February 10, 1846. IRELAND.

(From Our Own Correspondent.)

DUBLIN, Feb. 8


A large body of the Roman Catholic clergy of the united dioceses of Cloyne and Ross, have originated a movement in favour of the extension of the English Poor Law to this country, so as to insure the right of outdoor relief, not merely to the infirm, the blind, and the half, but to the able-bodied labourer driven to the verge of destitution by a chain of circumstances over which, it might be, he could have not control.

The following requisition, bearing the signatures of 18 priests, appears in the Cork Reporter:

"We, the undersigned, respectfully request a meeting of our brothers, the Roman Catholic clergy, at Fermoy, on Thursday, the 11th inst., to consider the propriety of petitioning Parliament for outdoor relief for the able-bodied as well as for the infirm poor of Ireland, and for an enactment affording cheap and speedy means to enforce such a right."


I regret to say that there is not the slightest mitigation in the accounts of the destitution received today. We are now in the midst of a second winter, the frost and snow of Christmas having apparently reset in with equal if not increased severity, so that any prospect of amelioration is just now as remote as ever. The progress of distress in the county of Cork may be learned from the Southern Reporter of Saturday:

"The duty of publishing reports of the inquests held on persons who have 'died by starvation' has now become so frequent, and such numbers are daily reaching us from every part of the county, that the limits of our space to not admit of their publication. Our reporter sends particulars of 15 of such cases from Bantry yesterday, and mentions that 20 more had occurred during the week, but inquests could not be held; and we received this morning from Mallow reports of 11 inquests held by Mr. Richard Jones on persons who had died from want of food. Communications pour in from every district, a tithe of which we could not find room for, stating similar appalling facts. Our reporters are daily occupied in attending meetings throughout the county, and there are as many applications to that effect as would require a corps equal to the Times, and a sheet of equal size, to present a daily record of"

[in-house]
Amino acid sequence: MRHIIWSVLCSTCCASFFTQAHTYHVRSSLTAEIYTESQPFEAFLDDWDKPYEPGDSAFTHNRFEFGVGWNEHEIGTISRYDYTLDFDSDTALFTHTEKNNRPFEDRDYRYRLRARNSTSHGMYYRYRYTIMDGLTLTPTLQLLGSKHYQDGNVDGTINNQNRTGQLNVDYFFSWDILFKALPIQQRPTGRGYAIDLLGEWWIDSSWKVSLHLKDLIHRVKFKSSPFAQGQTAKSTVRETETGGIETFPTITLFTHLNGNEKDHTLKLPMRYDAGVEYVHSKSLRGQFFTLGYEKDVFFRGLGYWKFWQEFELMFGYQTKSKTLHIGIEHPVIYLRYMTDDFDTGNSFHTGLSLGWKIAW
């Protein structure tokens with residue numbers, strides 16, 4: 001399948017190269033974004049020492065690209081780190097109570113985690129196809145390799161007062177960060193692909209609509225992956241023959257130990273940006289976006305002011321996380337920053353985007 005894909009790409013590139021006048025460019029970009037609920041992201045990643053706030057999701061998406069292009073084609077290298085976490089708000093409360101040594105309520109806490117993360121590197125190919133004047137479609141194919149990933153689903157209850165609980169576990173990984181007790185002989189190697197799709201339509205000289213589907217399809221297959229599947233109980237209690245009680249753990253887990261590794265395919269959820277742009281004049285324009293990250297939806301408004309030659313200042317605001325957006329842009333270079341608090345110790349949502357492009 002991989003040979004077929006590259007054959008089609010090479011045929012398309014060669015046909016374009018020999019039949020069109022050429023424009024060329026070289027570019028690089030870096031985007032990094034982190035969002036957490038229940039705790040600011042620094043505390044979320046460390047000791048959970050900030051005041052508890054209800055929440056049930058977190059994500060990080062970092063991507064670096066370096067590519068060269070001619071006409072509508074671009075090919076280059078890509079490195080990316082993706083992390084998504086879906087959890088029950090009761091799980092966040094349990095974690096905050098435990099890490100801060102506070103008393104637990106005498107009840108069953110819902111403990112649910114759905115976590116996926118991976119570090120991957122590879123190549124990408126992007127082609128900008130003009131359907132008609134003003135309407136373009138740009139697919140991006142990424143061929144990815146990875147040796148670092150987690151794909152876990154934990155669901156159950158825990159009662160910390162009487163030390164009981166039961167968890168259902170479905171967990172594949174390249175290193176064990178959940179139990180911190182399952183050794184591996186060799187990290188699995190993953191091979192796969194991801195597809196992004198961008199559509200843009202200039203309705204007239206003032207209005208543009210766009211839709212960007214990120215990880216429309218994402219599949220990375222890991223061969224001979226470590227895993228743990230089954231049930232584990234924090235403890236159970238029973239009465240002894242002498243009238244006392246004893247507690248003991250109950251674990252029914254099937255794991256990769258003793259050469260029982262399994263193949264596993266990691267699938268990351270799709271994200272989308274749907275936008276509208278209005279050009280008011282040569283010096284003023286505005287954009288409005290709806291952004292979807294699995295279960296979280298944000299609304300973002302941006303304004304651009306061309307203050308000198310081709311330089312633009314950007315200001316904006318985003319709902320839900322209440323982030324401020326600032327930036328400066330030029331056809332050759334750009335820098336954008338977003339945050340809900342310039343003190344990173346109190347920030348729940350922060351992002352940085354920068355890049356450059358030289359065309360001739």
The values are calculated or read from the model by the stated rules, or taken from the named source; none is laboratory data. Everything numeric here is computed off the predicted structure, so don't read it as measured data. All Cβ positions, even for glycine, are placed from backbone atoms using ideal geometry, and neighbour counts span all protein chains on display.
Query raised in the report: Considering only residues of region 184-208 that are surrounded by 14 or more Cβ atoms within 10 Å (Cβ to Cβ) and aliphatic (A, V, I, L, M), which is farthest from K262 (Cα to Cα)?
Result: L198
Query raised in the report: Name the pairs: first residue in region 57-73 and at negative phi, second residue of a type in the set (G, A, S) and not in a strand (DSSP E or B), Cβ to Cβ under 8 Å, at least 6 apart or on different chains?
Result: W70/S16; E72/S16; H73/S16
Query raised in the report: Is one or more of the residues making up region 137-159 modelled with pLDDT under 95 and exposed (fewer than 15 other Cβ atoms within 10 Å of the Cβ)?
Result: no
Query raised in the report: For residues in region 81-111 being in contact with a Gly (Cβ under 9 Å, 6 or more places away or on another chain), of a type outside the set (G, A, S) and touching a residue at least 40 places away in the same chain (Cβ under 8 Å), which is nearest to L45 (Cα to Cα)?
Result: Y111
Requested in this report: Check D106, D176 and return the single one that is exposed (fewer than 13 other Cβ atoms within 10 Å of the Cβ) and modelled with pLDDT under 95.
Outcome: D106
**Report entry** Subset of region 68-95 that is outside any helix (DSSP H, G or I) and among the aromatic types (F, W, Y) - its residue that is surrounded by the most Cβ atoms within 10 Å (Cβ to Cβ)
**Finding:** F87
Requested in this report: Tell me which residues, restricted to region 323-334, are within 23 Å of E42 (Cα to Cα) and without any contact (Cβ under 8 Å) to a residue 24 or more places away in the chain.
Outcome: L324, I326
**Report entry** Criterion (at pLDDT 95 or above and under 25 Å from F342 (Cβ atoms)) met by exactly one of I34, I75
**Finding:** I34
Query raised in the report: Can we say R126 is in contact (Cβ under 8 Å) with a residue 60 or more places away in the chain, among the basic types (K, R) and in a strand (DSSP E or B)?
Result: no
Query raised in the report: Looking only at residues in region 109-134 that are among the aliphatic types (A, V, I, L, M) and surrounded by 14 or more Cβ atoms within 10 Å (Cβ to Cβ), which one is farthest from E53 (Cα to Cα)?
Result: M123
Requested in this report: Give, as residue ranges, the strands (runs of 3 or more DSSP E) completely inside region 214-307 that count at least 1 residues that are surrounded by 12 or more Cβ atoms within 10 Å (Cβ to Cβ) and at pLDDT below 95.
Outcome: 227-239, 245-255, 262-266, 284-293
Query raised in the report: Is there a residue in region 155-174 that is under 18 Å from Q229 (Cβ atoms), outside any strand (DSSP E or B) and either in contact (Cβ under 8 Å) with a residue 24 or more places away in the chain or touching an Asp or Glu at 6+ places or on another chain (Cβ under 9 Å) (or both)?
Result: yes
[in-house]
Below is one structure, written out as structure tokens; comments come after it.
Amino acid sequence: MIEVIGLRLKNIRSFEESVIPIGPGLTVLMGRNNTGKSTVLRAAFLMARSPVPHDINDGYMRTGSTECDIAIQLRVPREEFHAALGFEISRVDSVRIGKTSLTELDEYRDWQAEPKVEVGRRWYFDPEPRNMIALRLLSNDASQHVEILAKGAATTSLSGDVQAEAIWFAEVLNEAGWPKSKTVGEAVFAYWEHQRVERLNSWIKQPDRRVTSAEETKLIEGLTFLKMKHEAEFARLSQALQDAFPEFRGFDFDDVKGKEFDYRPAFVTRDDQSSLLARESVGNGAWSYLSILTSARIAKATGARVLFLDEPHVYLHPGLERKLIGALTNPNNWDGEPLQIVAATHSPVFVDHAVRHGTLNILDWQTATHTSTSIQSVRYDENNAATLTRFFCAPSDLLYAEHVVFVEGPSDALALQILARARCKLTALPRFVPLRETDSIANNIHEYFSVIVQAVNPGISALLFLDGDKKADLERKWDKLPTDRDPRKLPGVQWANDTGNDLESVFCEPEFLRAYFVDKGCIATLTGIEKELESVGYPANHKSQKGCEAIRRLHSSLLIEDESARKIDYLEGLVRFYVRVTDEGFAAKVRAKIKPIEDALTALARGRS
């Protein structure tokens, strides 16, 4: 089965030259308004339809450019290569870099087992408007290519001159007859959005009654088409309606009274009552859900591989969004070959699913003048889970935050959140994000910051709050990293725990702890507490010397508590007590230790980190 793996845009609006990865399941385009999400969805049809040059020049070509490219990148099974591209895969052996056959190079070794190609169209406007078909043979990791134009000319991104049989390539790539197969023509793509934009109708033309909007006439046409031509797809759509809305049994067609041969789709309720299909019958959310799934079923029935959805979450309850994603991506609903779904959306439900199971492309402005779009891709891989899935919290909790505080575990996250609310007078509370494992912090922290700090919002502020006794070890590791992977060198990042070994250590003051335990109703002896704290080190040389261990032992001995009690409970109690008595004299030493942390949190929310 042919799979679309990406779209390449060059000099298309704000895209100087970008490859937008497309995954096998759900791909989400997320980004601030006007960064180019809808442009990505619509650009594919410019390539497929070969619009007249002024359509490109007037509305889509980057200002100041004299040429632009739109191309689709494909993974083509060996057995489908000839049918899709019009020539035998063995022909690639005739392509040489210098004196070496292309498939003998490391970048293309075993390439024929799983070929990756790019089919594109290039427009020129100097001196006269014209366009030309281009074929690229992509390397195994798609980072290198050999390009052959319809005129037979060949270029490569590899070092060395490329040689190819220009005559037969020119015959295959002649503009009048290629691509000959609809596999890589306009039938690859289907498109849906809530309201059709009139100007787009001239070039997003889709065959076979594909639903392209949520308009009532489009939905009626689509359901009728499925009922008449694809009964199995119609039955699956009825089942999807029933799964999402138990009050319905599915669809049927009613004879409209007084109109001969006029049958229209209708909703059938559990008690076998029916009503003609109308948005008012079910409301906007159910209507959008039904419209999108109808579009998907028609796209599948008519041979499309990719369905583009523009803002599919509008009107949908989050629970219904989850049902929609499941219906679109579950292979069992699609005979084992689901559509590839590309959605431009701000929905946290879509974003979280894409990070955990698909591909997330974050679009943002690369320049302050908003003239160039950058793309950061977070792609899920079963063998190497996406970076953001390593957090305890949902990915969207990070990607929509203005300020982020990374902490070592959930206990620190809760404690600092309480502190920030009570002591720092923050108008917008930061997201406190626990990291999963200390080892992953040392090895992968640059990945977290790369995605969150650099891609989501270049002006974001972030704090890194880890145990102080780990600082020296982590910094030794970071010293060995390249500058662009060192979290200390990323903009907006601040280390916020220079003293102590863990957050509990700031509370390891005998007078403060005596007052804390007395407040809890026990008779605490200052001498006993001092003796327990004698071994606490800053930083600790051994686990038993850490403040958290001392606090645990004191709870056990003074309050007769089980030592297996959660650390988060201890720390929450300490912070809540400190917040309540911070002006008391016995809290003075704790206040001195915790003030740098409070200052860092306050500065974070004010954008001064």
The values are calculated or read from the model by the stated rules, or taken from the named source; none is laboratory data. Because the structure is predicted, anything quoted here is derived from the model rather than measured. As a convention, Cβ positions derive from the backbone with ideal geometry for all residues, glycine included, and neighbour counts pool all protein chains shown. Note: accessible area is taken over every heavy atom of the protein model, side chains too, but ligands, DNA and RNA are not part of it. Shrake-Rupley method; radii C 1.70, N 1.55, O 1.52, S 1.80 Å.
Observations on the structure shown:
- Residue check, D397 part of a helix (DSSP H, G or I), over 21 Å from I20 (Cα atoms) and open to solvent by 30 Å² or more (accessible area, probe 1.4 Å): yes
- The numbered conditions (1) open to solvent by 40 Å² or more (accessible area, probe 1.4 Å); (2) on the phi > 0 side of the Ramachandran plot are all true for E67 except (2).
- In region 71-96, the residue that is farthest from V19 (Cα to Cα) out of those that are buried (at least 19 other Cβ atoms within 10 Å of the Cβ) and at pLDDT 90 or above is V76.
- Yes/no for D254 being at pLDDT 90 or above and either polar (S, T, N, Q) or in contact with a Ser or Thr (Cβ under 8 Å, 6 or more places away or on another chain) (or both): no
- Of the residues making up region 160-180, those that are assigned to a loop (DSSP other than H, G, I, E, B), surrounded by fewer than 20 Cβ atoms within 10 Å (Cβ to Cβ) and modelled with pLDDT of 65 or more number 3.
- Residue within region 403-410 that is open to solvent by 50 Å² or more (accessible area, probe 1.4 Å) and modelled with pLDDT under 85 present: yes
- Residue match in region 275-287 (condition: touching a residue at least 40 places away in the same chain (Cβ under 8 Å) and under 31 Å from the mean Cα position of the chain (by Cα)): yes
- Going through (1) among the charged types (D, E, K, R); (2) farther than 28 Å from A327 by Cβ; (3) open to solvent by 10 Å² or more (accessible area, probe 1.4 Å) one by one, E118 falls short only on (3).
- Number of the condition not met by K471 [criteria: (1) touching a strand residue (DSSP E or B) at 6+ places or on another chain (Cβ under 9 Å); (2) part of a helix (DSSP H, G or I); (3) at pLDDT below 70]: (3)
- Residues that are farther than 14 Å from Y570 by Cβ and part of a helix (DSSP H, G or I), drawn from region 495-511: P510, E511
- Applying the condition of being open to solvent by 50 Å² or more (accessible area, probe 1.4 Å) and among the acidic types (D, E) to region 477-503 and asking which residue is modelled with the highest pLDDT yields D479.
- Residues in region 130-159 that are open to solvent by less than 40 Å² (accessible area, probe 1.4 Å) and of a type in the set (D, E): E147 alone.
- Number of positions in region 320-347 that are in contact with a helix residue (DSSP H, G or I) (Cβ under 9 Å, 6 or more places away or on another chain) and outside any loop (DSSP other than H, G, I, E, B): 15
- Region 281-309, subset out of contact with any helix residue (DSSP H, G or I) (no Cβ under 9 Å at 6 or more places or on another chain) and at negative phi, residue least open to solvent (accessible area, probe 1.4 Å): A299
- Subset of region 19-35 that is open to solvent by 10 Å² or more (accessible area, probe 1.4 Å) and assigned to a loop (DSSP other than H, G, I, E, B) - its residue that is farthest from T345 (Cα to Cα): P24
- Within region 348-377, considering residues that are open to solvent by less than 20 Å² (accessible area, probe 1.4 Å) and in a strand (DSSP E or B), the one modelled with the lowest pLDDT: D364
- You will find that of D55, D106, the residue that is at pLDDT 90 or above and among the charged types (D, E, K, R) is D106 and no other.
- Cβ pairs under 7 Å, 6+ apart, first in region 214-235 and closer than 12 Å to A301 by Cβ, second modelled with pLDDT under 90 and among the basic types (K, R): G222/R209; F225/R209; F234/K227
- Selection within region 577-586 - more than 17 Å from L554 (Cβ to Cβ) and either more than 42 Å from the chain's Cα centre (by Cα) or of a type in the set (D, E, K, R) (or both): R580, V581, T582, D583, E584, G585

The food riots still continue in the city of Cork, in consequence of which a deputation of the master bakers waited on the magistrates on Saturday, and represented that form the repeated outrages on their shops, and depredation of their bread carts, they would be obliged to suspend baking, unless adequate protection was afforded. The bench at once communicated with military authorities, and adjuourned until evening, when the subject was to be fully taken into consideration.

The Longford Journal states, that the poor of that district notwithstanding, all the efforts made to relieve them are wretchedly off, and throng to the workhouse to terminate a miserable existence, in proof of which the following full bill of mortality is quoted --

Deaths since the 1st of March . . . 44

Deaths in the month of January . . . 116

Deaths in the month of December . . . 71

Parts of Kerry too seem to vie with Skibbereen and Bantry in tales of horrors. The Tralee Chronicle publishes a short memoranda of ten inquests held by Mr. O'Reardon, the county coroner, the verdict in each case being "died of hunger," either from immediate or remote causes.

"In addition to those ten starvation inquests," writes Mr. O'Reardon, "I had reported within the last three weeks -- three cases from Kilcummin East, one from Kilcummin West; three from Barleymount, parish of Aghadoe, a mother and two children, who perished in their miserable cabin; two from Kilgarvas; two from Tiernaboul; three from Glanerough; and two from Tusosist; making 10 cases, which from the reports I received leave no doubt on my mind were deaths from starvation."